It's hard to be patient, but I know it's a skill I need to work on.
July 2011 — Less than fifteen minutes after eating, my continuous glucose monitor (CGM) buzzes to alert me to a rapid rise in my glucose level. Looking at the device, it's showing 132 mg/dl with two arrows pointing straight up.
My first reaction is to second guess everything around that meal, such as carbohydrate count, insulin delivery, nutritional choices, and timing. My second reaction is slight amusement that my first reaction is to second guess myself.
Twenty minutes later my blood sugar is over 200 mg/dl and still rising, though not as fast. I feel sleepy from the rapid rise, and it's hard to focus on anything except wanting to nap. I want to hit that high blood sugar with some more insulin, but I know that the insulin I took before my meal hasn't had enough time to start working.
I have to wait.
I have to tolerate how uncomfortable I am, how sleepy I am, how desperate I am, and just wait.
I know that my blood sugar will rise after (during?) a meal. So why does it take so much work to sit back and just let things play out?
I know that my blood sugar will most likely start coming back down soon (unless I've made a major miscalculation, or have been visited by the diabetes fairy). I know that if I take more insulin now, trying to rush the high down, I'll be fighting a low blood sugar in 90 minutes or so.
I know all of this, but it's still very hard.
Diabetes requires so much patience in many ways beyond just waiting for blood sugars and insulin doses to play out.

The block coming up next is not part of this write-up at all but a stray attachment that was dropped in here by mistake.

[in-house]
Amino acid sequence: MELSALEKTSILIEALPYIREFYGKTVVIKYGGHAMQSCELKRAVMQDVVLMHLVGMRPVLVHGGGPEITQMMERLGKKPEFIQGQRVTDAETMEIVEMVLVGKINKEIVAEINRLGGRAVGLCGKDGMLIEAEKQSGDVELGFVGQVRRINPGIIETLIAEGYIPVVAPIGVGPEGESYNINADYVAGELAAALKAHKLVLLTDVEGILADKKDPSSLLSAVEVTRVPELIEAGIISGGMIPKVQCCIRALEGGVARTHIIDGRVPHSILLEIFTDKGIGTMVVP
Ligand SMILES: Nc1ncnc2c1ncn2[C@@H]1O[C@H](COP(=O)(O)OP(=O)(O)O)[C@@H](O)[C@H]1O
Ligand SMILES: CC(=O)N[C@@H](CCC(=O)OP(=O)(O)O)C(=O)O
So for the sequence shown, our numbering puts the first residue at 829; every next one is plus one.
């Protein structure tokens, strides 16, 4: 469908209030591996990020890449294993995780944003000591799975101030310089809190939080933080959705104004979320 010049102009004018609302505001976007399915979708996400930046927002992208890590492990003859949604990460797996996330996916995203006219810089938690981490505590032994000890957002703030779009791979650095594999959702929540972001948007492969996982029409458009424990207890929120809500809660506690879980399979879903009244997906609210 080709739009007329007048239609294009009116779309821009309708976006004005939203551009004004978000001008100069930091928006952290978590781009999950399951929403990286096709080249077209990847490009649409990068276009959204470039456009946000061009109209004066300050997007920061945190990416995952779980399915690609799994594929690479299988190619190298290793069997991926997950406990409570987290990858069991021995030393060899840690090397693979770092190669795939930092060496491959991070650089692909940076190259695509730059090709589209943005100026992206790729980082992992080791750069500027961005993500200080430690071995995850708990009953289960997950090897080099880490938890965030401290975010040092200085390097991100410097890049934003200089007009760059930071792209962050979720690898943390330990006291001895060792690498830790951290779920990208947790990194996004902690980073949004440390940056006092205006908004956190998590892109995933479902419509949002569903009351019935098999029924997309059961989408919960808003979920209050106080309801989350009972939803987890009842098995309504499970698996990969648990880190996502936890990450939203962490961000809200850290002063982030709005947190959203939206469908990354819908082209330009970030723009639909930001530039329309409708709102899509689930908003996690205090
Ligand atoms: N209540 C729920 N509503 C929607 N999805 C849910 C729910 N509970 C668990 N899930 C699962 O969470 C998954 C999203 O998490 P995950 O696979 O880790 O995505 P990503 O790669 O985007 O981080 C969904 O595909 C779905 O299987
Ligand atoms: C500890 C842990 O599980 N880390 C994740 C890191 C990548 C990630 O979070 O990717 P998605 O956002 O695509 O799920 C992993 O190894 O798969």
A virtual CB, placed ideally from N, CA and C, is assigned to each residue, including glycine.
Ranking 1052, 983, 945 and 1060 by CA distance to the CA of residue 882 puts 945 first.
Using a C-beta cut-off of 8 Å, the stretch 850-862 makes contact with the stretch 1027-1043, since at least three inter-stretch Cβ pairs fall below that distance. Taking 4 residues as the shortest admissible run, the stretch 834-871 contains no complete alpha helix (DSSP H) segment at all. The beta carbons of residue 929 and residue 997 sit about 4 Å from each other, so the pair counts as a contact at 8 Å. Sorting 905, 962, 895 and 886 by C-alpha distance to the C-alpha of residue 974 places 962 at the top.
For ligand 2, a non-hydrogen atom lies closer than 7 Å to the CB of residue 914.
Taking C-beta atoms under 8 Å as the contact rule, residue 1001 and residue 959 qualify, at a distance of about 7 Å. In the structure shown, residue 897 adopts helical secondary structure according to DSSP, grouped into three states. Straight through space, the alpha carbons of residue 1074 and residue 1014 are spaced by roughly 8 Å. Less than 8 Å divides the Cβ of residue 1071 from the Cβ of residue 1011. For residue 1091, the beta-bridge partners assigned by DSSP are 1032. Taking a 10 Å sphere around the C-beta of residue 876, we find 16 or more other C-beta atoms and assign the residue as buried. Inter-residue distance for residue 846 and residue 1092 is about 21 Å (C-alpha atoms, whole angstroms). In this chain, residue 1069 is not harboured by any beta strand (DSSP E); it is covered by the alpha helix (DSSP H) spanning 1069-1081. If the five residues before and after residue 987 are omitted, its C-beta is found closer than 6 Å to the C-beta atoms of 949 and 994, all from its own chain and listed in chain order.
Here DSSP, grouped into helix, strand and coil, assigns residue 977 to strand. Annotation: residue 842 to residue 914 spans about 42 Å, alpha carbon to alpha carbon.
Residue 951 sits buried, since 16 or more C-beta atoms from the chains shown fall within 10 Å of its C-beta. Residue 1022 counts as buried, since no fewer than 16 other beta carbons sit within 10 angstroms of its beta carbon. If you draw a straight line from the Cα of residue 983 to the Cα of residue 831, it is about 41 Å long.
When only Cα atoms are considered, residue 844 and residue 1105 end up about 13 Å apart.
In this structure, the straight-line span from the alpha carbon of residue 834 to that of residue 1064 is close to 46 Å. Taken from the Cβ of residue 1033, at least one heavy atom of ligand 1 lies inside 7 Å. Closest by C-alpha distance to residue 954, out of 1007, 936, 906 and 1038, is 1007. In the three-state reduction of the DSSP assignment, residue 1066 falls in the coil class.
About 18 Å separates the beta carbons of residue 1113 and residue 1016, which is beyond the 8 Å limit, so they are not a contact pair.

When I get my lab results, which might call for a change or adjustment in medication, I wait for the next draw to see if the change worked for better or worse. With my quarterly A1C tests, I make small adjustments to my daily choices and wait to see if it helped or hurt. I submit requests and paperwork to get coverage or assistance with my medications and wait for the decision.
It all requires patience. Hourly patience, daily patience, monthly patience, yearly patience. We are patient patients whether we want to be or not.
Patience with diabetes is a skill we work on. Just like working to be strategic about our blood sugar testing or working to capture useful information rather than random information. Just like working to learn about healthy eating and exercise.
The skill of patience is not much different.
dLife's Viewpoints columnists are not all medical experts, but everyday people living with diabetes and sharing their personal experiences, most often at a set point in time. While their method of diabetes management may work for them, everyone is different. Please consult with your diabetes care team before acting on anything you read here to find out what will work best for you.
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